November 18, 2015

Web    

Whether you’re a newbie entrepreneur or a cagey veteran whose artful selling tactics have been a huge cog of success over the years, one term in particular sticks out above most others in today’s world of business strategy: E-Commerce. As digital proliferation continues E-Commerce, simply put, will become one of the biggest assets that businesses can leverage to stimulate leads and drive conversions. So it’s surprising that many businesses, small and large, still aren’t properly utilizing one of businesses’ most important tools. After studying dozens of websites to see what some businesses are doing right and wrong we’ve compiled a list of 15 Key Rules you should consider before designing or redesigning an E-Commerce platform of your own. Let’s get to it!

 

#1: Create a Kick @ss Home Page

The saying that’s true for life is also true for your website—you only get one chance at making a first impression. It always surprises us when businesses don’t put enough effort into the design of their E-Commerce site’s homepage. Instead of skimping on features you should look at your homepage design as a mission critical aspect to getting your website right. Are your navigation buttons set up in a way that’s clear and that reinforce the actions you want users to take? Are you branding your businesses personality? Basically everything else that goes into your E-Commerce site has to flow through your homepage. Take a look at what Design By Humans is doing right. Their navigation menu is simple and functional, and their branding strategy emphasizes a youthful and striking design format.

Human

 

#2: Tailor Your Navigation Buckets to Intuitive Search

You could consider this the 1B to the above section’s 1A if you were so inclined. The simple truth is that if you don’t make it easy for people to search your site for the things they want to shop for, then they’ll bounce from your site and shop somewhere else. To succeed in creating a great navigation bar you must segment every type of product you have into a different bucket.

Menswear E-Commerce sites are particularly good at this—men are notoriously stingy shoppers when it comes to clothing as they want to get in and out as quickly as possible. Look no further than E-Commerce mega fashion site, Mr. Porter. The main navigation bar is split into 10 different search options—but hover over any one of the options and there are plenty more segments that allow shoppers to easily search for exactly what they want. The Shoes tab alone gives you 26 different buckets to choose from—making search on the site extremely accessible.

 

#3: Keep Search Bar in Clear View

Staying on the topic of intuitive search, you should always keep your search bar in a place of prominence. Doing so will allow your users to seamlessly discover new pages on your website if they feel inspired to peruse offerings that either aren’t directly displayed, or that they want to navigate back to. Plus, the search bar has the added advantage of acting as a user’s compass while they navigate your site.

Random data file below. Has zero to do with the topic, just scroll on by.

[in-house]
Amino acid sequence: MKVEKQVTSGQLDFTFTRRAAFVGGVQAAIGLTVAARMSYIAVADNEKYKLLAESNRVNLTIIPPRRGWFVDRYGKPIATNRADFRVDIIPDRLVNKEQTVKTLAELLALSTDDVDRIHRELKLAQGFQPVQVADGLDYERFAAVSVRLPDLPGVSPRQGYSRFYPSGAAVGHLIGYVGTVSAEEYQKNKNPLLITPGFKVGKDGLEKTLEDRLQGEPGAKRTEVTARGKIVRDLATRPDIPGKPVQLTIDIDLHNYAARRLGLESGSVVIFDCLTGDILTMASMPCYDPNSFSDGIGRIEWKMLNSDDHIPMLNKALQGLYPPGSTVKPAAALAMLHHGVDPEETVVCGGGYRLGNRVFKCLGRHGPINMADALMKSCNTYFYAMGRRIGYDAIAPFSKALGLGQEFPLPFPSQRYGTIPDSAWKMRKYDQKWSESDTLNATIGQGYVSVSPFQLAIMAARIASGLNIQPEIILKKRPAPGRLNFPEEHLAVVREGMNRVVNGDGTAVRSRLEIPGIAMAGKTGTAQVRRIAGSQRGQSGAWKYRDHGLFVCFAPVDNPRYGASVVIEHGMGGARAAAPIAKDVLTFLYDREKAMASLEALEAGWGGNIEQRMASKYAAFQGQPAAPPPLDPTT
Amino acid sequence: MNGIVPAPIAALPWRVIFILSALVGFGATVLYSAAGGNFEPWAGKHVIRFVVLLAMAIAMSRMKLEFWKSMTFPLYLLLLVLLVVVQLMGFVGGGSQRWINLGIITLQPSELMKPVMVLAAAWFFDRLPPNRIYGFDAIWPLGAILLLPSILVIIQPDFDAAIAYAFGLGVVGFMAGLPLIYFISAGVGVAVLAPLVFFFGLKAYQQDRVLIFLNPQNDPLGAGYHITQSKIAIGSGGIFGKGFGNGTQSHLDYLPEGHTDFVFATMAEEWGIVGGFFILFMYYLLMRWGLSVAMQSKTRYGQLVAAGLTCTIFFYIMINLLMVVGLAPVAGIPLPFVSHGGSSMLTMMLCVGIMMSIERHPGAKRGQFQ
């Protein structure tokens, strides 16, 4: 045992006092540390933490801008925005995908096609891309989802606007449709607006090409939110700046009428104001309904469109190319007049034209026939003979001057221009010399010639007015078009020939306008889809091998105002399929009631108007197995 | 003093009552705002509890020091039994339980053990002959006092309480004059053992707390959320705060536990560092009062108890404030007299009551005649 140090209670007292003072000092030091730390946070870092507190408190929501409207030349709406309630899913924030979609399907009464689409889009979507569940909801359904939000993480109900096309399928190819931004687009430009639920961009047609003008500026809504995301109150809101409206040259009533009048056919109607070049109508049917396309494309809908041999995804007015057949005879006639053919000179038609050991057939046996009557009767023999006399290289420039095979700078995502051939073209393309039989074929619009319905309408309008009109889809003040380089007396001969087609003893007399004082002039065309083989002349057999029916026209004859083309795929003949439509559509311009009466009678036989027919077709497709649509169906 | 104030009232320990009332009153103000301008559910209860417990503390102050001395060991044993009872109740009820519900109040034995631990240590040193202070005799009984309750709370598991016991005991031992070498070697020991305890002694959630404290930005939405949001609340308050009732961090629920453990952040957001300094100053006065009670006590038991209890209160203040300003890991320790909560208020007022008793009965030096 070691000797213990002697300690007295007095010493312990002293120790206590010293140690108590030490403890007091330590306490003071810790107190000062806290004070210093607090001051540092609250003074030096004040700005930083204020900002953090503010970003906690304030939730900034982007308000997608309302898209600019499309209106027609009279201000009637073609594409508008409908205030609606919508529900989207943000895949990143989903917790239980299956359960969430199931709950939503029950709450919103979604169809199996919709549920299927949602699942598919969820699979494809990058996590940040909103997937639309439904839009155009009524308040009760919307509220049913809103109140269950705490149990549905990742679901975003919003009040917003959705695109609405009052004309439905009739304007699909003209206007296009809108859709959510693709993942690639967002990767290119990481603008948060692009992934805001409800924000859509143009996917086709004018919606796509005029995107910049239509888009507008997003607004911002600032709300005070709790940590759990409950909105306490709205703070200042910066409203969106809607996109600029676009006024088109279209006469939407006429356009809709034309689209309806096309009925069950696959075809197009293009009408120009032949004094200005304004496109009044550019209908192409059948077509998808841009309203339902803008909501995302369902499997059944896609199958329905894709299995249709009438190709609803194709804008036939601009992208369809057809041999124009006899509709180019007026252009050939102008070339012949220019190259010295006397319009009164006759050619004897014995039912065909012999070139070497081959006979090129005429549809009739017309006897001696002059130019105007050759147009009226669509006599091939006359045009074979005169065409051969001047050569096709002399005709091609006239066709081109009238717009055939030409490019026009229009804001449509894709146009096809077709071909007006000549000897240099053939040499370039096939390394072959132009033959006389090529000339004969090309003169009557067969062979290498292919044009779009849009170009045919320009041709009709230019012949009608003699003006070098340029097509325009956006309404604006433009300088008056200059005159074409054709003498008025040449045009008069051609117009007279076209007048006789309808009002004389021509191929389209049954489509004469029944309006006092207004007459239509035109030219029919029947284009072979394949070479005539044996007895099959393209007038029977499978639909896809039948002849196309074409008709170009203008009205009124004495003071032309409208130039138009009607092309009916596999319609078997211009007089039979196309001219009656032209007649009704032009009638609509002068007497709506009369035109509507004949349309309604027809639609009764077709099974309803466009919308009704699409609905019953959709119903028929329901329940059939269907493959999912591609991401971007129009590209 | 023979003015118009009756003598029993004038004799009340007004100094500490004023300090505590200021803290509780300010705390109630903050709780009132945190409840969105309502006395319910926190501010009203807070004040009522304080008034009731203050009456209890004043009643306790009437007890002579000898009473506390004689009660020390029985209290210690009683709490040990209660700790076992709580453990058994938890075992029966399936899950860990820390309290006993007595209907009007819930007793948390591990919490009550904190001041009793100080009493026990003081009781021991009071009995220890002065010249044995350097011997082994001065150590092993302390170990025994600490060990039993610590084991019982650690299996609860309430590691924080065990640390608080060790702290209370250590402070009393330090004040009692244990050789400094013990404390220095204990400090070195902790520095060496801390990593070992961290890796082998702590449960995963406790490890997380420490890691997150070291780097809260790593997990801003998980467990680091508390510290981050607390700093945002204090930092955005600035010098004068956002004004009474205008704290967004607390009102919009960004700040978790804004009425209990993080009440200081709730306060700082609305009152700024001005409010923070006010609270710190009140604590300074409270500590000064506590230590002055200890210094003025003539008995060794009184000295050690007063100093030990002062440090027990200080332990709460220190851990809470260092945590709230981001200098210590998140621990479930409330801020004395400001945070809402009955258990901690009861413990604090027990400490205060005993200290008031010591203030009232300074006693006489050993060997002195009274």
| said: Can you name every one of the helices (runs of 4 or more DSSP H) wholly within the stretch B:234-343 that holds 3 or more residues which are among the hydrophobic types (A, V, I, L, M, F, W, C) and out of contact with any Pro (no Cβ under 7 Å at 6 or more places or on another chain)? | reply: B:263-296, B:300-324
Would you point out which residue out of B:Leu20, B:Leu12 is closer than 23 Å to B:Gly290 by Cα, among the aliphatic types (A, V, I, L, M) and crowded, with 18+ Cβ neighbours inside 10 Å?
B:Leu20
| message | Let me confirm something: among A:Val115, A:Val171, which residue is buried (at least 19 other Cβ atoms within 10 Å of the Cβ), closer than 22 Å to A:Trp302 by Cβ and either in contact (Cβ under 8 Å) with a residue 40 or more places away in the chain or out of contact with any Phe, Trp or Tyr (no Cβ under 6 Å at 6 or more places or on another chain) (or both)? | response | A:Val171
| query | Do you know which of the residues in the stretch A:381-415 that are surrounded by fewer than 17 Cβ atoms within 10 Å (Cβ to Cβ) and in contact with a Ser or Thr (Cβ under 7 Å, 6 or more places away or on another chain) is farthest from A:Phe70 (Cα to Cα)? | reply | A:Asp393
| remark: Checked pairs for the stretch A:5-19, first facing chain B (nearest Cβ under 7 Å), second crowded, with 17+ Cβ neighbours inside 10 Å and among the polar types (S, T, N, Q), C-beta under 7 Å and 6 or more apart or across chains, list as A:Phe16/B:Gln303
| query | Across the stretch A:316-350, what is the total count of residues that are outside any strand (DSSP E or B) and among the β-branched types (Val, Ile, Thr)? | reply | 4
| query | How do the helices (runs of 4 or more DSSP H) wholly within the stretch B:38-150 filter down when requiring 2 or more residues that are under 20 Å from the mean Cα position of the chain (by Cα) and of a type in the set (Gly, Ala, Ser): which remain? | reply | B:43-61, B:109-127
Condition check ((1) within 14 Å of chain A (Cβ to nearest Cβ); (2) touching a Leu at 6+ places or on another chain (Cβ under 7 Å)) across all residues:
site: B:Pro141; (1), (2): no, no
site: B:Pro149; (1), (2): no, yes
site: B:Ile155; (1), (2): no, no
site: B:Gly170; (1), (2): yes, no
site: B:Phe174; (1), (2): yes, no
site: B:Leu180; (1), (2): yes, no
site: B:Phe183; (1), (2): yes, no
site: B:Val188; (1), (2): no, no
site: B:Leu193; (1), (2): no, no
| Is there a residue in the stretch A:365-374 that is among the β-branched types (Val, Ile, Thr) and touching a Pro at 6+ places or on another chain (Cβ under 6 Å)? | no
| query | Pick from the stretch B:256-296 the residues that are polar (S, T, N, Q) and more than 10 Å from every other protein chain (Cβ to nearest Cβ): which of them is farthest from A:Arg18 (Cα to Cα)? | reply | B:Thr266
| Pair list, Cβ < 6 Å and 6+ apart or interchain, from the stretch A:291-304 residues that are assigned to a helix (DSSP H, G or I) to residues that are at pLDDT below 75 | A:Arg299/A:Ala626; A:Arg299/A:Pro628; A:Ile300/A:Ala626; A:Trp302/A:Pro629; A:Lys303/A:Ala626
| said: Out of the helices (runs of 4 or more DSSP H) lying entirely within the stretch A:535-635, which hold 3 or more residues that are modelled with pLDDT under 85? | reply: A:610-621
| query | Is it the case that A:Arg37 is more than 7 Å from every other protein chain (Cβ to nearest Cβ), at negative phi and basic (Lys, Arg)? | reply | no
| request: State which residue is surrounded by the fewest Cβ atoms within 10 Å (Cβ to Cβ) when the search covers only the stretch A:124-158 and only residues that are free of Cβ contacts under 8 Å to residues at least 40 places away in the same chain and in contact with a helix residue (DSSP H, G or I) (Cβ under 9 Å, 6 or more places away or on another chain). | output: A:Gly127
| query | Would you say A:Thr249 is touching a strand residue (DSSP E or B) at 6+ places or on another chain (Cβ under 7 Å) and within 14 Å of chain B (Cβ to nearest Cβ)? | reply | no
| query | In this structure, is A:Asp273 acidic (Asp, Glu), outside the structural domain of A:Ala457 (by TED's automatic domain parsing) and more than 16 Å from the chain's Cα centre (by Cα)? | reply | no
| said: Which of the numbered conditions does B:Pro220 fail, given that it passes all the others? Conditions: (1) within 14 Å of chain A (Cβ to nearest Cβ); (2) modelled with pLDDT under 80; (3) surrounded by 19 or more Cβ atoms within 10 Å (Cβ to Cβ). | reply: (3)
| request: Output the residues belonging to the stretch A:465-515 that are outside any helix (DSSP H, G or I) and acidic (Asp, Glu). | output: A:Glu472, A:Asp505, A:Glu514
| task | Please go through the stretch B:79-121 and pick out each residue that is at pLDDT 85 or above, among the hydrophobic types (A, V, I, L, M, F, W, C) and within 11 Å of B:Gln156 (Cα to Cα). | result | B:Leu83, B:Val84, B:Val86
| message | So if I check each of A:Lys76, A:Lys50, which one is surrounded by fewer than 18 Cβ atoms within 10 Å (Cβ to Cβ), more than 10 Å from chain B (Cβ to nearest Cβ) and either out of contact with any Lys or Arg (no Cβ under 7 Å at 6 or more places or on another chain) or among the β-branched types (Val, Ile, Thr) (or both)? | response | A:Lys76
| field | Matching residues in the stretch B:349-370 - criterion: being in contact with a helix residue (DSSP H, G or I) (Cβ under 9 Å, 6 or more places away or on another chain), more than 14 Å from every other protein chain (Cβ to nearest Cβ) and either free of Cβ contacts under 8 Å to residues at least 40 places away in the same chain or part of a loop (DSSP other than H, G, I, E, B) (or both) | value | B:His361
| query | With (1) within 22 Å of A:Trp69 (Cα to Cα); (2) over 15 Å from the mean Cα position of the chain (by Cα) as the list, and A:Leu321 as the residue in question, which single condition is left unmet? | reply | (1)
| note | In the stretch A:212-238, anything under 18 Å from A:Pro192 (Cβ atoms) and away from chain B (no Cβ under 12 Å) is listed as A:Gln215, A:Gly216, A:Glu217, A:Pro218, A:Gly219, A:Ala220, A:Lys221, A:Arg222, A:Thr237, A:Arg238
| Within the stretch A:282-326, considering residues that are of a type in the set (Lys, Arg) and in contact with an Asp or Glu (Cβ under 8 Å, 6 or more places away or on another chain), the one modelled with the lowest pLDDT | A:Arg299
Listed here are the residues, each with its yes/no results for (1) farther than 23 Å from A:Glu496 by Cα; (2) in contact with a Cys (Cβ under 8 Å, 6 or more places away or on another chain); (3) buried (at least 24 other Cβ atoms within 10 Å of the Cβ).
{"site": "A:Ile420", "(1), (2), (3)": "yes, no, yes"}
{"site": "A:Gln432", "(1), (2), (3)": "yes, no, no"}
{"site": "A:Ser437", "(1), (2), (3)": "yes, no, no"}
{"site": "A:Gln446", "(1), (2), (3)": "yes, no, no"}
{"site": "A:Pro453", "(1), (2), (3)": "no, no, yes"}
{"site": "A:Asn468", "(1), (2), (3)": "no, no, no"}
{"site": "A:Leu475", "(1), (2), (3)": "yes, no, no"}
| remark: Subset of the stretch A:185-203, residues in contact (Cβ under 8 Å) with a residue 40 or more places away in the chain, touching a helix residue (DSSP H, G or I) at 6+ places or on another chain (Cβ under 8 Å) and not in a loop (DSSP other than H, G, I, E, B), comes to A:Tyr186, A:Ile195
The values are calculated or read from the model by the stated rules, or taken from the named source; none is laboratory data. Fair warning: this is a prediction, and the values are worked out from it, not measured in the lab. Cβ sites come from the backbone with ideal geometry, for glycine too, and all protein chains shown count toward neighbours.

#4: Create a Review Section

The only types on online businesses that should be averse to having a reviews section are those who either make shoddy products, or those who don’t want to take the time to respond to customers—neither of which is your company, right? Good. Putting a reviews section on your product pages especially can be a great way for customers to describe their own experiences with your products, and hopefully evangelize them. And if adding a reviews section makes you nervous, remember—you can always block the comments you don’t want on your site.

Filson

 

#5: A/B Test Everything You Possibly Can

This is especially important if you’re a retailer, but really, if you’re marketing anything, A/B testing is a staple that you can’t ignore. Of course, testing at least two of everything costs time and resources, but you won’t really know what aspects of your site work (or can work) the best until you do at least some A/B testing. In an article about lingerie brand Adore Me FastCompany reports that the company tests as many as 30-40 different looks for each product that it rolls out onto the site.

 

#6: Integrate The Shopping Cart Function with the rest of Your Site’s Branding

This key point sounds like a no-brainer, but it’s amazing how many businesses think that one shopping cart icon is as good as the next. In reality, while all shopping carts should function in a similar fashion, they’re also extremely valuable calls to action—which means that you should be heat mapping and testing to see how likely a user is to take notice of your shopping cart icon. Just remember to keep your branding on point and integrated with the rest of your site.

shoppingcart-for-ecommerce (1)

 

#7: Offer Something for Email Signups

It’s one of the golden rules of inbound marketing: you need email signups to re-market, but you can’t just expect to get emails for nothing. There are plenty of E-Commerce platforms—such as Shopify and Drupal Commerce—out there that will help you create pop-up coupons and so forth that will give users the needed incentive to sign up for your newsletters. Offering consumers value is just a good rule of thumb for any of your marketing efforts.